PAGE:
Verb suffixes were few and non-productive. They can be illustrated by -s in clænsian, a verb derived from the adjective clæne (NE clean) and -læc in nēalæcan 'come near, approach' and æfenlæcan, an impersonal verb meaning 'the approach of evening’ (R âå÷åðåòü).
The suffix -s- accompanied by mutation derives verbs from substantive and adjective stems: blētsian 'bless' < *blēdsian (from blōd 'blood'; the original meaning was ‘sprinkle with blood'); clænsian 'cleanse' (from clæne 'clean'), mærsian 'announce' (from mære 'famous'); ¥rimsian 'rage'.
The suffix -læc- (with mutation front -lāc-) also derives verbs: nealæcan ‘approach', ¥erihtlæcan 'acquit'.
The suffix -ett- derives verbs: bliccettan 'sparkle', sporettan ‘spur’, cohhettan 'cough', ceahhettan 'croak'.
Prefixation was a productive way of building new words in OE.
Prefixes were widely used with verbs but were far less productive with other parts of speech. Verbs were derived from a single root with the help of different prefixes:
¥ān – ‘go’ faran – 'travel'
ā-¥ān – 'go away' ā-faran – ‘travel’
be-¥ān – 'go round' tō-faran – 'disperse'
fore-¥ān – 'precede' for-faran – 'intercept'
ofer-¥ān – 'traverse' forþ-faran – 'die'
¥e-¥ān – 'go', 'go away' ¥e-faran – 'attack', etc.
The most frequent, and probably the most productive, OE prefixes were: ā-, be-, for-, fore-, ¥e-, ofer-, un-.Of these only un-was common with nouns and adjectives, the rest were mainly verb prefixes.
The prefix ā- meaning 'out of, 'from' is found, for instance, in the verbs ārīsan 'arise', āwacan 'awake', āberan 'sustain', ābys¥ian 'occupy'. A productive prefix.
A different prefix ā- (connected with the adverb ā 'always')derives generalizing pronouns and adverbs from interrogative ones,e.g.: āhwær 'everywhere' (from hwær 'where'), āhwæþer 'either'(from hwæþer 'which of the two').
The same prefix followed by tbe prefix ¥i- yields *ā¥i- > æ¥-(with mutation), æ¥-, like ā-, derives generalizing pronouns and adverbs from interrogative ones: æ¥hwæþer 'either', æ¥hwilc 'every', æ¥hwær 'anywhere'.
The prefix be- (cf. the adverb bi ’near’ and the preposition bi 'by') is added to substantives and verbs. Sometimes it preserves its original meaning 'around', sometimes its meaning is weakened. E. g.: be¥ān 'go around', 'adore', behōn 'hang with', besettan 'besiege', bewēpan 'lament', beþencan 'think over', beniman 'deprive', behēafdian 'behead'.
The prefix for- expresses destruction or loss: fordōn 'destroy', forweorþan ‘perish’.
The prefix ¥e- expresses either collectivity or perfection of an faction: ¥efēra 'fellow-traveller', ¥efylc 'troop' (cf. folc 'people'), ¥emynd 'mind', ¥esēon 'see'.
The prefix mis- means negation or bad quality: mislīcian 'displease', misdæd 'misdeed'.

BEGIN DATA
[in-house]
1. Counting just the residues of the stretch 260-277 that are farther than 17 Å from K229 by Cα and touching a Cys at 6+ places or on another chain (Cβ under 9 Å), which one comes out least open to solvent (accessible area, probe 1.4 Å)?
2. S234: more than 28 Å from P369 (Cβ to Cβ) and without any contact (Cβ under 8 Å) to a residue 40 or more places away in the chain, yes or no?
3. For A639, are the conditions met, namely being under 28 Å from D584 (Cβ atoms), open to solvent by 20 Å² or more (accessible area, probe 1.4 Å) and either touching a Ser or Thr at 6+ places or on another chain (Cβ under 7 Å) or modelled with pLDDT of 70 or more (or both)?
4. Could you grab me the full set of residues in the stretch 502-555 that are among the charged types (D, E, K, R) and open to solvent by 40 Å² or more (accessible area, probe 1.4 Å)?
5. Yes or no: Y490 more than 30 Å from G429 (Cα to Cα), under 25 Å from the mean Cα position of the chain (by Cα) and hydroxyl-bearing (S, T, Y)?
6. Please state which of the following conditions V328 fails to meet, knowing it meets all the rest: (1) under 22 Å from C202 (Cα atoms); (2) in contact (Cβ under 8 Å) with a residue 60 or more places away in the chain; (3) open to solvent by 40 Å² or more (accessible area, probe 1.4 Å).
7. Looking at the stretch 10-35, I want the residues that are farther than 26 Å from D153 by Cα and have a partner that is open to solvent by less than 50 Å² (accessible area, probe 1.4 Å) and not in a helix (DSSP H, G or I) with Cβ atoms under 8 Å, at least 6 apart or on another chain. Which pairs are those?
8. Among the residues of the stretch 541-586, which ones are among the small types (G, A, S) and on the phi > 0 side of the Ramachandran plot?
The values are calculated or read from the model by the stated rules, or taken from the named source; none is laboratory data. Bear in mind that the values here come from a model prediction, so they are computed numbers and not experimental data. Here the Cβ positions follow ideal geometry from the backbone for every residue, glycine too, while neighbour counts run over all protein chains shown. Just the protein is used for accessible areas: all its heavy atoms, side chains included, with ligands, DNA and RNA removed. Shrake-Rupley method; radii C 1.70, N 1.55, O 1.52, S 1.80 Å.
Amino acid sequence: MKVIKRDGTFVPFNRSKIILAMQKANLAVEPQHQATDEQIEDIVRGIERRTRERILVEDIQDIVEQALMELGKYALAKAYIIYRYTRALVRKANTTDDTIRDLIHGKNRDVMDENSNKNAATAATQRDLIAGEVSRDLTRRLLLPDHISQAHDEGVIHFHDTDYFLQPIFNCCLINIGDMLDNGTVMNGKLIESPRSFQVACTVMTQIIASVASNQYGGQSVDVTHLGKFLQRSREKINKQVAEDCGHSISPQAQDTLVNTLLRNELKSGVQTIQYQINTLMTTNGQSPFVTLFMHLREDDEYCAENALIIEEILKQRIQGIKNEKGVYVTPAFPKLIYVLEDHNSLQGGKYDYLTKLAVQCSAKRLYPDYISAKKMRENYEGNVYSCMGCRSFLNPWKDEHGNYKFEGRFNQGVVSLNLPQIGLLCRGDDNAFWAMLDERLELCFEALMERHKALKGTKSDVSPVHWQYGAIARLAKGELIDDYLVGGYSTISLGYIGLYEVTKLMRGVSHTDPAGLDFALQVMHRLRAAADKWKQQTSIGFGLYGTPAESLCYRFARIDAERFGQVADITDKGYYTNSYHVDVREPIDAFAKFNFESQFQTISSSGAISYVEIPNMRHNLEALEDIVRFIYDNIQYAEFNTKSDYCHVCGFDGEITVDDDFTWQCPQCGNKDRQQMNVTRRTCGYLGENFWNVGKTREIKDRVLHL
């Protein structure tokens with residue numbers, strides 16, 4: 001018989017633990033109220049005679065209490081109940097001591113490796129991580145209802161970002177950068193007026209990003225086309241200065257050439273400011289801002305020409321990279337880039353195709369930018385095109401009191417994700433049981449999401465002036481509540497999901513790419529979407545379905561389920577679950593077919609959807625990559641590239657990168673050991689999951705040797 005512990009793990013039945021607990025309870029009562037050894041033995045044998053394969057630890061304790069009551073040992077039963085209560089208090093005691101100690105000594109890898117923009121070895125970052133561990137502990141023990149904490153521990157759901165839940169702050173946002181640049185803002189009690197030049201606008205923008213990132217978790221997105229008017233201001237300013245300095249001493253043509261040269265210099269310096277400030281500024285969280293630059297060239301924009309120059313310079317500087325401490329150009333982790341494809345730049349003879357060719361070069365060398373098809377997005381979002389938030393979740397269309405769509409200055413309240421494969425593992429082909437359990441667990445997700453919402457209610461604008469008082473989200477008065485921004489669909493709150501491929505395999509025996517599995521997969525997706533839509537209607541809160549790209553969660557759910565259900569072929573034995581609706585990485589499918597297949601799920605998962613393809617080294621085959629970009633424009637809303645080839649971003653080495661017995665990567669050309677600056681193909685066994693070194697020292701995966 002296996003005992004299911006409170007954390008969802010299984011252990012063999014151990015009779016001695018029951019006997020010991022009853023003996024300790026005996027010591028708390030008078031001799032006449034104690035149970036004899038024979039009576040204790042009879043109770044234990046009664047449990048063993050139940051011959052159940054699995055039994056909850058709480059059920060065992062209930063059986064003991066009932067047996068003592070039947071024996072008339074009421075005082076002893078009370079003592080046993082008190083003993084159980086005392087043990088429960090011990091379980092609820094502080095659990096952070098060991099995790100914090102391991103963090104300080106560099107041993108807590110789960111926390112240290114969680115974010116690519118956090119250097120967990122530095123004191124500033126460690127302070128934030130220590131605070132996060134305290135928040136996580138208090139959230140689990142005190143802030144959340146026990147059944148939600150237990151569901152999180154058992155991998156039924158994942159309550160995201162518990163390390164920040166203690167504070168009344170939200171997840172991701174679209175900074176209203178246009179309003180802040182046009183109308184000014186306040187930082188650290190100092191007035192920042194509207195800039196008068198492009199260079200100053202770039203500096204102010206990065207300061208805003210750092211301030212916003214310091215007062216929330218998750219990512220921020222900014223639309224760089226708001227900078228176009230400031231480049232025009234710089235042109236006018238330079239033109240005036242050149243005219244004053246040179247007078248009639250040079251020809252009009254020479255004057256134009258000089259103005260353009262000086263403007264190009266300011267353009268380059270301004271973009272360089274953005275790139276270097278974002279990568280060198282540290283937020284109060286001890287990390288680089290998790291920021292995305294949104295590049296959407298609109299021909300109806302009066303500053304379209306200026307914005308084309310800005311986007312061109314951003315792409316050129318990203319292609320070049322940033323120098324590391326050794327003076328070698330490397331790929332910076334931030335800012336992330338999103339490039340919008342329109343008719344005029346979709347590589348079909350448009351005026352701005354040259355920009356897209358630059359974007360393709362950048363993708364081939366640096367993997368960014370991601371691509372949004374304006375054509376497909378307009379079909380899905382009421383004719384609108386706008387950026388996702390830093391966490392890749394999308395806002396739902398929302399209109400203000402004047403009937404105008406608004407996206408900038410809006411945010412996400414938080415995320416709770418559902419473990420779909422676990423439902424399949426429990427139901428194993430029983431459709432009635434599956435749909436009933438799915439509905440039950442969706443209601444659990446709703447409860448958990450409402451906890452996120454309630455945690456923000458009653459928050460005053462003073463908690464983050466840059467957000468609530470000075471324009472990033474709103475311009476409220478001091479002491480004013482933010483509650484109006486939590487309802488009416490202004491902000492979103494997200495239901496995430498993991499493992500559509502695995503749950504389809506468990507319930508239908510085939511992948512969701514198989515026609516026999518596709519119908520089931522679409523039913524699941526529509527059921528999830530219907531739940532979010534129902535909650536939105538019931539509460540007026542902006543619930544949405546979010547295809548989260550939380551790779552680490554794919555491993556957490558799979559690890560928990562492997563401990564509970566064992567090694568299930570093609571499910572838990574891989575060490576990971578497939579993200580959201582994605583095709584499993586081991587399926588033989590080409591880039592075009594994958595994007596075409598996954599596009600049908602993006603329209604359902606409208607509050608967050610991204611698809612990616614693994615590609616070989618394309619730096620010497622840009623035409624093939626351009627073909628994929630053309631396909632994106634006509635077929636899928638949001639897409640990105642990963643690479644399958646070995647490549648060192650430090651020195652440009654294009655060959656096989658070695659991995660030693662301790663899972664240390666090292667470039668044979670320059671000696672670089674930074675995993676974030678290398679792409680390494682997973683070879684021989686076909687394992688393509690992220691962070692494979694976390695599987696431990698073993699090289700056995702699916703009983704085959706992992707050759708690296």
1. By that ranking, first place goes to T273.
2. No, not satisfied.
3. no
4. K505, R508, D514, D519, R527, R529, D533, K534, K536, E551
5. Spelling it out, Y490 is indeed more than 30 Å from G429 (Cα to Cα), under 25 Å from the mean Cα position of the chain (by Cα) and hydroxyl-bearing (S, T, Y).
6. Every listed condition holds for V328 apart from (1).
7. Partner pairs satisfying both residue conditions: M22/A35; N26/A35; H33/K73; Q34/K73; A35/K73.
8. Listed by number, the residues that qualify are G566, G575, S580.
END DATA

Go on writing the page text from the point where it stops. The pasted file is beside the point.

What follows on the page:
The prefix of- has a reinforcing meaning: ofslēan 'kill', oftēon 'take away'.
The prefix on- (corresponding to German ent-, emp-, as in enltassen, empfangen) means change or separation: onbindan 'unbind', fonlūcan 'unlock'. In some cases its meaning is weakened, as in onfōn 'accept', ondrædan 'dread'.
The prefix to- expresses destruction: tōbrecan 'break', tōteran ‘tear'.
The prefix un- has a negative meaning: uncuþ 'unknown'. Sometimes it means 'bad': undæd ''misdeed'. A productive prefix.
The prefix wan- also has a negative meaning: wanhāl 'unwell'.
Composition is widely used in OE. There are compound nouns, adjectives, and, in lesser number, verbs.
Compound nouns can be formed by joining:
(1) “noun + noun”: æfentīd ‘evening time’, ¥oldsmiþ ‘goldsmith’;
(2) “adjective + noun”: cwicseolfor ‘quicksilver’.
Compound adjectives can be formed by joining:
(1) “noun + adjective”: wīn-sæd ‘satiated with wine’;
(2) adjective + adjective: wīd-cūþ: ‘widely known’;
(3) “adjective + noun”: blīþ-heort ‘happy-hearted’, ¥læd-mod ‘glad-minded’.
Sometimes the first component takes the form of the genitive case, as Mōnandæ¥ (literally ‘Moon’s day’) ‘Monday’, Tīwesdæ¥ (literally ‘Tiw’s, the war god’s, day’) ‘Tuesday’, Wednesday ‘Woden’s day’, ‘Wednesday’, þunresdæ¥ (Thunor’s, the god of thunder’s, day) ‘Thursday’, Fri¥edæ¥ (Friya’s day) ‘Friday’, Sæternesdæ¥ (‘Saturn’s day’) ‘Saturday’, Sunnandæ¥ (‘Sun’s day’) ‘Sunday’, En¥laland (‘Angles’ land’) ‘England’, Francnaland (‘Franks’ land’) ‘France’, witena¥emōt (‘wise men’s assembly’) ‘State council’, Snotin¥ahām (‘home of Snot’s descendants’) ‘Nottingham’, Oxenaford (‘oxen’s ford’) ‘Oxford’, dæ¥esēa¥e (‘day’s eye’) ‘daisy’.
Compound verbs are rare. An example is efenþrōwian ‘sympathize’ (literally: ‘suffer together’).
The remarkable capacity of OE for derivation and word-composition is manifested in numerous words formed with the help of several methods: un-wis-dōm ‘folly’ – un- - negative prefix, wis – adjective-stem (NE wise), dōm – noun-stem turning into a suffix; þēaw-fæst-nes ‘discipline’ – þēaw n ‘custom’, fæst adj ‘firm’ (NE fast), -nes - suffix.